The Research Project Grant (R01) is the most common grant mechanism distributed by the National Institutes for Health (NIH). The R01 supports health-related research and development that aligns with the principles of the NIH. Here is some useful information every researcher or future researcher can familiarize themselves about how these important funding mechanisms work.
Principle investigators may initiate an R01 application, meaning there are no specific guidelines, or potential grant recipients may be solicited through a Request for Application (RFA). In cases involving an RFA, an approximate amount of funds and number of awards to be made are established, as well as whether funds will be shared. Applicants submitting in response to an RFA normally have their submissions reviewed by a Scientific Review Group. In the event that unsolicited investigators apply for an R01, their research plan must correspond to at least one of the NIH Institutes and Centers’ missions.
R01 grants may be applied to the following costs, per NIH:
- Salary and fringe benefits for principal investigator, key personnel, and other essential personnel
- Equipment and supplies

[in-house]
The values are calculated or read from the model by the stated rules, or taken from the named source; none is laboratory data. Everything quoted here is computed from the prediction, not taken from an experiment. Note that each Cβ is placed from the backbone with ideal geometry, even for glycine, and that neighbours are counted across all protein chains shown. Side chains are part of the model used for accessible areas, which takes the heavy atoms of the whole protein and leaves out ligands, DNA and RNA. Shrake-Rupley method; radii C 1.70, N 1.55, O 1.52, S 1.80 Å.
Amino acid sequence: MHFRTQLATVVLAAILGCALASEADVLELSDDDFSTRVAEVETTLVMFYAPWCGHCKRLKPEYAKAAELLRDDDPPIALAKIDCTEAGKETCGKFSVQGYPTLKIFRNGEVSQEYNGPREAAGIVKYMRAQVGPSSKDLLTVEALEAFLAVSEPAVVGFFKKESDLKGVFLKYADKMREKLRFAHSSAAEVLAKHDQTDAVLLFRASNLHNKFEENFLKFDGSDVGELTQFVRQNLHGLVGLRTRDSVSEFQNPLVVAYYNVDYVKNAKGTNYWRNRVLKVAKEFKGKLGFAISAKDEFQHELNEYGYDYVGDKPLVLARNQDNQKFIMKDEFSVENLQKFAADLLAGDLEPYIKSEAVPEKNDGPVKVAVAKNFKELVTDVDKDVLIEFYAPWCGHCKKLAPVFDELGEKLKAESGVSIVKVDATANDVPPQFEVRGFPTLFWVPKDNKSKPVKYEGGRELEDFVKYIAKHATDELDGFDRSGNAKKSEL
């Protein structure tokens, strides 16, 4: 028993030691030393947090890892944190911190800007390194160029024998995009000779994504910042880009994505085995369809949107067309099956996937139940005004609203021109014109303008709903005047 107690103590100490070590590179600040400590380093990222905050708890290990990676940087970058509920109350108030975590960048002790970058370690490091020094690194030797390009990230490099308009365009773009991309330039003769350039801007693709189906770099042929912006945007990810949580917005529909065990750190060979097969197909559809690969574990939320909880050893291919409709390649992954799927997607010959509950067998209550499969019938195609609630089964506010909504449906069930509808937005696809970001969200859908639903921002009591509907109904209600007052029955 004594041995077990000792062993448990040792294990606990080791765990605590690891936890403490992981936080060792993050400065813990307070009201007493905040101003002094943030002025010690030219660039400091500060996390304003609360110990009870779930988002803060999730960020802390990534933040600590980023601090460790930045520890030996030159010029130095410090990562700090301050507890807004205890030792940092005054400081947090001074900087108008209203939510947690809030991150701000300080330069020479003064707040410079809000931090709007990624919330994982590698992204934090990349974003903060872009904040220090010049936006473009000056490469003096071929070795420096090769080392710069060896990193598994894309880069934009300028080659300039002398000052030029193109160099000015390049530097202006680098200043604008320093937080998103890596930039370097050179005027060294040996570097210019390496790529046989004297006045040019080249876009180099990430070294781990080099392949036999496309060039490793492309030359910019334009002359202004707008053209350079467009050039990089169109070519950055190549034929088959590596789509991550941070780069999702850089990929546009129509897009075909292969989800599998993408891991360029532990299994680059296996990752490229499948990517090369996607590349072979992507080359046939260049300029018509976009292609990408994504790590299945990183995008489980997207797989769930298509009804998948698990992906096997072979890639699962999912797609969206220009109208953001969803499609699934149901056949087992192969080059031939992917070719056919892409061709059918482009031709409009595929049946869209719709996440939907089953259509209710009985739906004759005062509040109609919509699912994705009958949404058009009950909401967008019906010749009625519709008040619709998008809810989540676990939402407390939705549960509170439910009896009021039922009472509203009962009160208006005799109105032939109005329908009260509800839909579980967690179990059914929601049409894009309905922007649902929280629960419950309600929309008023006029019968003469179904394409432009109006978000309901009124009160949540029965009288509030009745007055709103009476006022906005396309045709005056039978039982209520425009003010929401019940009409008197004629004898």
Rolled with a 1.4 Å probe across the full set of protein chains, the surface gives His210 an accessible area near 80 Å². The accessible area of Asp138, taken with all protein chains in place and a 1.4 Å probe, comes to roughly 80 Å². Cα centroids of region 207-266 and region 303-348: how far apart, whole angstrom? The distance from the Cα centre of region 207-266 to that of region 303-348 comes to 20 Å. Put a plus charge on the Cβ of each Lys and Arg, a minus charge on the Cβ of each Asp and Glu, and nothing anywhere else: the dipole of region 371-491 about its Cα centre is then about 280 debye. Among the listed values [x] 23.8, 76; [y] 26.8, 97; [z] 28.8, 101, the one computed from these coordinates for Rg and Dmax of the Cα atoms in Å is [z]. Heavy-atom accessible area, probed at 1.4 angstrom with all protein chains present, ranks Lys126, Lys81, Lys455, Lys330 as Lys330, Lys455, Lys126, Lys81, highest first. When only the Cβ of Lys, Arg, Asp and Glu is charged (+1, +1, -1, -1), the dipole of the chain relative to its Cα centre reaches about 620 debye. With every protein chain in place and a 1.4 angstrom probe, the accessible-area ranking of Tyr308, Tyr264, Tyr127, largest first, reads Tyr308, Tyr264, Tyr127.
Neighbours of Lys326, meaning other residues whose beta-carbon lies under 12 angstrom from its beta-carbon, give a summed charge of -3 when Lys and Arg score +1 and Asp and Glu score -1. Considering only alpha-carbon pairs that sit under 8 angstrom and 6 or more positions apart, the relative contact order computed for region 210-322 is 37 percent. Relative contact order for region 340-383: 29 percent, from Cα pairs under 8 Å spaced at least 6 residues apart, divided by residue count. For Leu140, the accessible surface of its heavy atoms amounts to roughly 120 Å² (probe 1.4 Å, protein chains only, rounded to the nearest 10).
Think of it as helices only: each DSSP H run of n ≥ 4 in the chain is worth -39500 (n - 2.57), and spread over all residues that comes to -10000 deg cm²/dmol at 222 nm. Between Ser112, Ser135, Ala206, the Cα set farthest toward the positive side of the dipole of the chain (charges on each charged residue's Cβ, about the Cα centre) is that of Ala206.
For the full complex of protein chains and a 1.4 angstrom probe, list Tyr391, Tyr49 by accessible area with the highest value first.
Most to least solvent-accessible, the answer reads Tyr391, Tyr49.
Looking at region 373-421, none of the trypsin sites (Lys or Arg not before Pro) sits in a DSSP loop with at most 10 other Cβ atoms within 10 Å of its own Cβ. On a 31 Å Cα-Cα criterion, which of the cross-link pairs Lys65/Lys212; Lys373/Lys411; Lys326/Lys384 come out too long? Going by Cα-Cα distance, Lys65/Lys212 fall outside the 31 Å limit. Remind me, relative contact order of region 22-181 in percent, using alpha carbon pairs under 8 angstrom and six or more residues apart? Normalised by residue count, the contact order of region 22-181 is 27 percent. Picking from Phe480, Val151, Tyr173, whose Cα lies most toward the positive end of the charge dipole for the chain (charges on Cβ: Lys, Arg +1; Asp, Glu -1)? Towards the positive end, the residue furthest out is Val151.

- Consultant costs
- Alterations and renovations
- Publications and miscellaneous costs
- Contract services
- Consortium costs
- Facilities and administrative costs (indirect costs)
- Travel expenses
Ideal R01 Candidates
R01s are a good choice for investigators with preliminary data as well as new investigators. An R01 provides four or five years of support, allowing investigators enough time not only to conduct their research but prepare applications for future awards in a timely manner. Newer investigators may benefit in particular for a number of reasons, according to NIH:
- New investigators are held to looser standards than more seasoned applicants (they may provide fewer preliminary data, resources, and publications)
- New investigators are offered a more liberal payline for R01 applications
- If the R01 application is rejected, it stands a better chance at garnering an R56-Bridge award or selective pay
NIH notes that while application standards may be more laid back for new investigators, “you still need to propose an important problem and use a sound research approach.”
Deadlines for new grant applications are Feb. 5, June 5, and Oct. 5; renewal, resubmission, and revision grant applications must be submitted by March 5, July 5, and Nov. 5; and AIDS and AIDS-related grant applications are due on May 7, Sept. 7, and Jan. 7.
Sources: NIH-NIAID, NIH